Is It Possible to Recover from a Diffuse Axonal Injury?

Is It Possible to Recover from a Diffuse Axonal Injury | HealthSoul

Diffuse axonal injuries are a type of brain injury, and they’re common in motorcycle accidents and car crashes. They also can be very severe, although that’s not always the case.

So can you recover from a diffuse axonal injury, also known as a DAI? The short answer is that it depends, and the following are some things to know.

What is a Diffuse Axonal Injury?

A diffuse axonal injury is a type of traumatic brain injury. A traumatic brain injury occurs when there’s a sudden external force that damages the brain. Traumatic brain injuries are one of the most common causes of disability and death.

There are two general types of brain injuries which are a closed brain injury and a penetrating brain injury.

A closed brain injury doesn’t lead to a break in the skull, and it’s often the result of rapid forward or backward movement of the brain inside the skull. That movement can cause bruising and tearing of vessels and tissue. Closed brain injuries are frequently caused by car accidents as well as sports and falls.

A penetrating brain injury is much less common, and it occurs when something goes through the skull, like a bullet.

A DAI is one type of closed brain injury.

A DAI occurs when there’s tearing of the nerve fibers of the brain, which are known as axons. That occurs when the brain moves and rotates inside the skull.

DAIs often lead to a coma and they can damage one or many parts of the brain.

It can be difficult to see these injuries on a CT scan or MRI because they are so tiny.

Along with being the result of motorcycle and car accidents, DAIs can often occur during a violent assault or in a sports accident.

How is DAI Treated??

The treatment of a DAI first begins with reducing swelling in the brain. For example, someone might be given steroids to bring that swelling down. If there is untreated brain swelling, it can cause even more damage.

Surgery isn’t available for DAIs, and if the injury is very severe, there’s a high likelihood someone will remain in a vegetative state or will die.

It is, however, possible to recover from a mild or moderate DAI.

Unfortunately, many people who survive this type of injury don’t regain consciousness ever again. Even when some people rarely wake up, they may have long-term problems that rehabilitation can’t help with.

How is the Prognosis Determined?

The prognosis for a moderate or severe brain injury is hard to determine. With a mild brain injury, most people start to recover fairly quickly, and they will regain most if not all of their brain function usually within three months at the most.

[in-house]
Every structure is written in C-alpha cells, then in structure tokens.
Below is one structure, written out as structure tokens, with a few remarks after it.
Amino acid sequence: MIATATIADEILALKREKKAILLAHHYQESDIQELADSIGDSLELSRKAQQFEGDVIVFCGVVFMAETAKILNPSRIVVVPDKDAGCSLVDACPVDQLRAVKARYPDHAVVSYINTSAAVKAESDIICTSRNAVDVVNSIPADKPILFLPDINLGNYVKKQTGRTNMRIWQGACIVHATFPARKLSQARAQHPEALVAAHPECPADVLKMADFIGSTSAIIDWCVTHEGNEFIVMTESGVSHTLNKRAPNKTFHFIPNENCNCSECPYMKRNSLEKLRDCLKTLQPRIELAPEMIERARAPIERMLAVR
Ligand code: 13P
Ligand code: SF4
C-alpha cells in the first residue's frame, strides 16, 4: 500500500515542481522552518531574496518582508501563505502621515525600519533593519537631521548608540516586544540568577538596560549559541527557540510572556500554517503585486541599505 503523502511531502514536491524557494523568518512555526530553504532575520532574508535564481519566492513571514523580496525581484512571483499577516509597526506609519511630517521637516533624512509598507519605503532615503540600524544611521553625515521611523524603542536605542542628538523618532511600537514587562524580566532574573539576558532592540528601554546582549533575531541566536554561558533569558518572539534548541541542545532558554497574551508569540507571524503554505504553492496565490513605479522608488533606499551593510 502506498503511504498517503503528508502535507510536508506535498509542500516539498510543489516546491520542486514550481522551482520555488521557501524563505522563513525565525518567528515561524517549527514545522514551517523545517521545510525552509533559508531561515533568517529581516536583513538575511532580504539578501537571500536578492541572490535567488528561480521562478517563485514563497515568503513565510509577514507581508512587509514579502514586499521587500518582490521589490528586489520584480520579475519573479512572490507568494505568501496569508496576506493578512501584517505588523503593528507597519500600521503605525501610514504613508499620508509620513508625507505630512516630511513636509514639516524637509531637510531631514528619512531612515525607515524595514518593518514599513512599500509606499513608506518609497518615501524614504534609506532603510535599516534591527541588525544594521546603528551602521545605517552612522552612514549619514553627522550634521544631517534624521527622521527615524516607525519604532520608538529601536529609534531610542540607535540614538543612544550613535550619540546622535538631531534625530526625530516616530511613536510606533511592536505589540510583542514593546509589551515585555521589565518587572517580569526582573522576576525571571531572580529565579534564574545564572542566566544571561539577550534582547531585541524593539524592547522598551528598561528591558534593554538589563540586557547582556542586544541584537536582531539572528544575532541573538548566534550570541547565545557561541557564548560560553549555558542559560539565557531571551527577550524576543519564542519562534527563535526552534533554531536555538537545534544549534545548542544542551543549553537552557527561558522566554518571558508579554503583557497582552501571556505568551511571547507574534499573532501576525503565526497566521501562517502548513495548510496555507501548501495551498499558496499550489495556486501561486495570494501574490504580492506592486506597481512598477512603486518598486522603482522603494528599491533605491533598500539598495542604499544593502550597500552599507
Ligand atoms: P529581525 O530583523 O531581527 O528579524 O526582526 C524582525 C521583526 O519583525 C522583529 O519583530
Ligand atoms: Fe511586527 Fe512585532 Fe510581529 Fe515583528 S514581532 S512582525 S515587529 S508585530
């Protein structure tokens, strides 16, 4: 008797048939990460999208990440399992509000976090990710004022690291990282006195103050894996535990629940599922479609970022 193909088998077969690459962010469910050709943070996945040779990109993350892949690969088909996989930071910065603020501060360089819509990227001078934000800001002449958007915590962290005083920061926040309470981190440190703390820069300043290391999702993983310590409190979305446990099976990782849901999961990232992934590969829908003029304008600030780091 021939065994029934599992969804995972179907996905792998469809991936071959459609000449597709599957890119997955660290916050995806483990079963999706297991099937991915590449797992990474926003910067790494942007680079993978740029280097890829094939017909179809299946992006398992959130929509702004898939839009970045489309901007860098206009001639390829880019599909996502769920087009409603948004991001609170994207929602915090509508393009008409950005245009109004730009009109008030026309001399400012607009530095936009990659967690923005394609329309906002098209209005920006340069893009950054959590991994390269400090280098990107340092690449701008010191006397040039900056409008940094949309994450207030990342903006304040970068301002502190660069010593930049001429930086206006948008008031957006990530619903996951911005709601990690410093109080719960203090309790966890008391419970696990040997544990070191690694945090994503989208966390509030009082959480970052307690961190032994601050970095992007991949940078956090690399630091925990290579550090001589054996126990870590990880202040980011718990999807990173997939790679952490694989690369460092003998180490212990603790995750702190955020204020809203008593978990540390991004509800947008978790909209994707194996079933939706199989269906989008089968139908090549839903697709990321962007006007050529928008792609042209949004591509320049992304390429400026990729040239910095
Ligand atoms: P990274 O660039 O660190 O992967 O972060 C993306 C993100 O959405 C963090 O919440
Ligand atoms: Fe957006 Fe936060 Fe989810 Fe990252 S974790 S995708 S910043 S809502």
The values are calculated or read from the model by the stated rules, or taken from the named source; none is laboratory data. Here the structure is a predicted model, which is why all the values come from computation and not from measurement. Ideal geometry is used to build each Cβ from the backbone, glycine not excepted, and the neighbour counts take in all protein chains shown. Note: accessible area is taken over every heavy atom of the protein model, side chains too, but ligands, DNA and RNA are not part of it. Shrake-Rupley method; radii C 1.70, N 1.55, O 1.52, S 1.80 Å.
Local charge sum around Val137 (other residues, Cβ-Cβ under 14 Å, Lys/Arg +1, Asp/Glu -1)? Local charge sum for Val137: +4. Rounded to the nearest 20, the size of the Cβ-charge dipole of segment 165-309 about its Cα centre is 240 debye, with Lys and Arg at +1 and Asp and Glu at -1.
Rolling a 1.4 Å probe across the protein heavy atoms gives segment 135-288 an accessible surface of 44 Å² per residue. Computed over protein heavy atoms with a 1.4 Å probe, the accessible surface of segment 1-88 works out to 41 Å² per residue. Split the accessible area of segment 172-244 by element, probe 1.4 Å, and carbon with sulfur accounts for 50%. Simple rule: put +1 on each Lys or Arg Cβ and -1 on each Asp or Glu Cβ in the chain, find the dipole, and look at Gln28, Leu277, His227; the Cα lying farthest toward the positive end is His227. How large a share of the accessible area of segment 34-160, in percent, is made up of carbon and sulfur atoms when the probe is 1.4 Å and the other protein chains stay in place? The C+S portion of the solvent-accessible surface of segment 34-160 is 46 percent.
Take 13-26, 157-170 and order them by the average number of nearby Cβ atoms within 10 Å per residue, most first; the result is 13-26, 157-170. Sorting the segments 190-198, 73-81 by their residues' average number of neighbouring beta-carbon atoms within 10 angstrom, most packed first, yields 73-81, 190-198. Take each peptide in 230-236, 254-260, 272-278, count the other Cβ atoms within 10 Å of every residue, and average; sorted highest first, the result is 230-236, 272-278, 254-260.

With a moderate DAI or traumatic brain injury, it’s possible to regain most brain function, but there is usually a need for a variety of types of therapy which can include physical and occupational therapy, neurosurgery, and speech/language therapy.

It’s nearly impossible to predict recovery with severe DAI or TBI. It depends on how long someone spends in a coma, the severity of the damage, and where the trauma is located.

Vegetative and Minimally Conscious States

After a severe brain injury, a person may be in a coma. They then might move into a vegetative state, then to a minimally conscious state, and from there some people then regain full consciousness but impairments remain.

A coma means that someone doesn’t open their eyes or follow instructions. They don’t have any communication or intentional movement.

A vegetative state means that someone may regain their sleep-wake cycles, so they might open and close their eyes. They may make sounds, and they could also make facial expressions. Sometimes a person in a vegetative state will move their eyes toward objects or people or react to a sound but they can’t follow instructions.

In many instances, the first sign of consciousness following a vegetative state is visual tracking, meaning a person’s eyes can follow an object or people. Someone who’s regaining consciousness may be able to follow instructions and engage in automatic behaviors, such as scratching.

If someone has less severe DAI, they might go through these stages faster.

Most people don’t stay in a coma for more than four weeks, and usually, the shorter the amount of time someone is unconscious, the less severe the injury.

The short answer is that it’s very difficult to predict the course of recovery for a DAI if it happens at all, which is why motorcycle and car accidents can end so tragically.